thumbnailFigure 2. Visual analog pain scores in the first 6 h after surgery. Values shown are mean ± standard deviation. *P = 0.030 paracetamol versus placebo, #P = 0.010 dipyrone versus placebo.

The number of patients who received rescue analgesia was significantly lower for the Paracetamol and Dipyrone groups compared with the placebo group (paracetamol versus placebo, p = 0.037; dipyrone versus placebo, p = 0.020) (Table 2). Intravenous pethidine was given to 14 (70%) patients in the Paracetamol group, 12 (60%) in the Dipyrone group and 19 (95%) in the placebo group (Figure 3).

Table 2. Intraoperative parameters in each groups

thumbnailFigure 3. Rescue analgesic requirements in the first 6 h after surgery. Values are shown are number and proportion. h: postoperative hours. *P = 0.037 paracetamol versus placebo, *P = 0.020 dipyrone versus placebo.

The mean time to administration of rescue analgesia was 2.9 ± 1.3 h in the Paracetamol group, 2.1 ± 1.5 h in the Dipyrone group, and 1.8 ± 1.3 h in the placebo group, but these differences were not statistically significant (Table 2). There were also no significant differences in cumulative pethidine consumption or sedation scores between the three groups at any time point. Duration of stay in and time to meet the discharge criteria for the PACU, and time taken for regression of the sensory block and recovery of the motor block were broadly similar between the groups. There were no significant changes in hemodynamic parameters from baseline in either active treatment group. No episodes of hypotension or respiratory depression were recorded intraoperatively or in the PACU. Bradycardia was observed in two patients in each group (Table 3). There were also no significant differences in the incidence of postoperative nausea, vomiting, requirement for antiemetic rescue medication or any other perioperative adverse events between the groups (Table 3). No episodes of agranulocytosis were reported.

Table 3. Perioperative and postoperative adverse events

Discussion

We evaluated the efficacy of intravenous paracetamol and dipyrone for administered as postoperative analgesia after day-case lower abdominal surgery in children. We found that postoperative pain scores were significantly lower in the active treatment groups in the first and second postoperative hours when compared with placebo, but there were no statistical differences in pain scores between the three groups at other times. We also found that the proportion of patients requiring rescue analgesia was significantly lower in the active treatment groups compared with placebo; however, there were no statistical differences in cumulative analgesic consumption.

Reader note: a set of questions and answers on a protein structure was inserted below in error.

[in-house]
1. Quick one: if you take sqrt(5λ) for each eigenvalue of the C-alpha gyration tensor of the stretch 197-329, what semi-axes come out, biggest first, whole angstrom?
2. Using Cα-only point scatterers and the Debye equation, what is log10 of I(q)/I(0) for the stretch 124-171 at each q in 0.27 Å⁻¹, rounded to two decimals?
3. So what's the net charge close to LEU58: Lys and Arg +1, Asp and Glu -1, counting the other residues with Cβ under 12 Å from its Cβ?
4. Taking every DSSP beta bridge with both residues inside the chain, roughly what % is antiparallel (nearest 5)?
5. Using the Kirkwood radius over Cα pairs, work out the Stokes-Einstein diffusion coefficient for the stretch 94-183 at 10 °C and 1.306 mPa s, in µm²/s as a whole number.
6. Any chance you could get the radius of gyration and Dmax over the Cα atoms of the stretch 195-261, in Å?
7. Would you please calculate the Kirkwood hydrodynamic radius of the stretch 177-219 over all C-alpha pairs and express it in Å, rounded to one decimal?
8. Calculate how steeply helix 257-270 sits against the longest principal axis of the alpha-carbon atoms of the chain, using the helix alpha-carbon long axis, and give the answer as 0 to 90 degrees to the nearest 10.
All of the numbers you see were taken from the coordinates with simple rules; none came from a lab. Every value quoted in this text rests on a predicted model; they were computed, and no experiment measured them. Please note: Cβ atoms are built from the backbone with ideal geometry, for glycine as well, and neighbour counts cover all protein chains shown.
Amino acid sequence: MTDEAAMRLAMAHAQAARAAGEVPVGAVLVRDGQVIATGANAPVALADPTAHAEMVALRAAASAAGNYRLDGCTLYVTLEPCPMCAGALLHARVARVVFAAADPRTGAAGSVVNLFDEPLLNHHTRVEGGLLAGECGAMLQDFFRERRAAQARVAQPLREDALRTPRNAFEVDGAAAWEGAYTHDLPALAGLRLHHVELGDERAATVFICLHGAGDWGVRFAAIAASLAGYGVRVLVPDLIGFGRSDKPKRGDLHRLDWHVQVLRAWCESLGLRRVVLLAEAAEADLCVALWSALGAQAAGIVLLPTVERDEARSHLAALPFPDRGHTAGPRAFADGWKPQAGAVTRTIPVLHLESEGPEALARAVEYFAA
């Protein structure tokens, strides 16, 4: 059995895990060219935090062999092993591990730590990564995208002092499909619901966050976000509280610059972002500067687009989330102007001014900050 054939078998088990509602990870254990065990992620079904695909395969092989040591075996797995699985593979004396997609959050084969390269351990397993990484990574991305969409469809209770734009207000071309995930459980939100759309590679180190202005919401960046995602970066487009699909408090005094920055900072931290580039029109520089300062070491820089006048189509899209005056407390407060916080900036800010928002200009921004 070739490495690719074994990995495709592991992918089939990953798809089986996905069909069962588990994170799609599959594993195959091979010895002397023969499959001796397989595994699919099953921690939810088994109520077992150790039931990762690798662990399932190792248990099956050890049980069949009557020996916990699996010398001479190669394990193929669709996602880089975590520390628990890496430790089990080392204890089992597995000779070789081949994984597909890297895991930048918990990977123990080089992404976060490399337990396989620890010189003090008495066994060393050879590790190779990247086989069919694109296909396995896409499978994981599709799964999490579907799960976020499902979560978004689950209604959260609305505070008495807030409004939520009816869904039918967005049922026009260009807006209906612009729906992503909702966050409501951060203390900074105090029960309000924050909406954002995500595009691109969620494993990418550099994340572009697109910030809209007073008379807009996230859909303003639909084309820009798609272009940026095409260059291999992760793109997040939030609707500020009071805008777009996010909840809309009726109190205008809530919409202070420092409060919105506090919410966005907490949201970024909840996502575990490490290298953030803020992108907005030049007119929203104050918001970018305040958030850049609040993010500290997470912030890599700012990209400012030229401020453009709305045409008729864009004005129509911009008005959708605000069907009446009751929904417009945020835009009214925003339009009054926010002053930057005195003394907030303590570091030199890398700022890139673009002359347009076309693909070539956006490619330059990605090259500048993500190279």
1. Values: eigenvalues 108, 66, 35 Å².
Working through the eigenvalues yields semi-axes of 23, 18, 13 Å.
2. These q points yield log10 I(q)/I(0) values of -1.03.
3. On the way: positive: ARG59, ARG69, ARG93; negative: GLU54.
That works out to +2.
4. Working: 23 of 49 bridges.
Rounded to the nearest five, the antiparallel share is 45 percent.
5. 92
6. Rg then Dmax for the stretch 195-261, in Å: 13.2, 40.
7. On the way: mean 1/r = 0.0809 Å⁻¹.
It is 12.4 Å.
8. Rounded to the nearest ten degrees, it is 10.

The historic view that young children neither respond to, nor remember, painful experiences to the same degree as adults is no longer thought to be true [1]. Most premature neonates are capable of experiencing pain, and under treatment of pain results in harmful physiological and behavioral responses that have long-lasting negative consequences on the developing nociceptive systems [8,10]. Mather and Mackie [11] reported that 40% of children undergoing surgery experienced moderate to severe postoperative pain, and that 75% received inadequate pain treatment [12,13].

It has been reported that providing inadequate analgesia to infants, preverbal children, and adolescents results not only in short term physiologic disturbance but also longer term behavioral changes, particularly during immunization [10,14,15]. It is now recognized that optimal postoperative pain management is essential for children, and that this should begin before surgery by providing children and their parents with information about the planned surgical procedure [16].

Treatments for postoperative pain include drugs such as opioids, NSAIDs, paracetamol and dipyrone, as well as regional anesthetic techniques such as spinal and caudal anesthesia. The provision of adequate pain control must be balanced against the risk of the side effects of analgesics.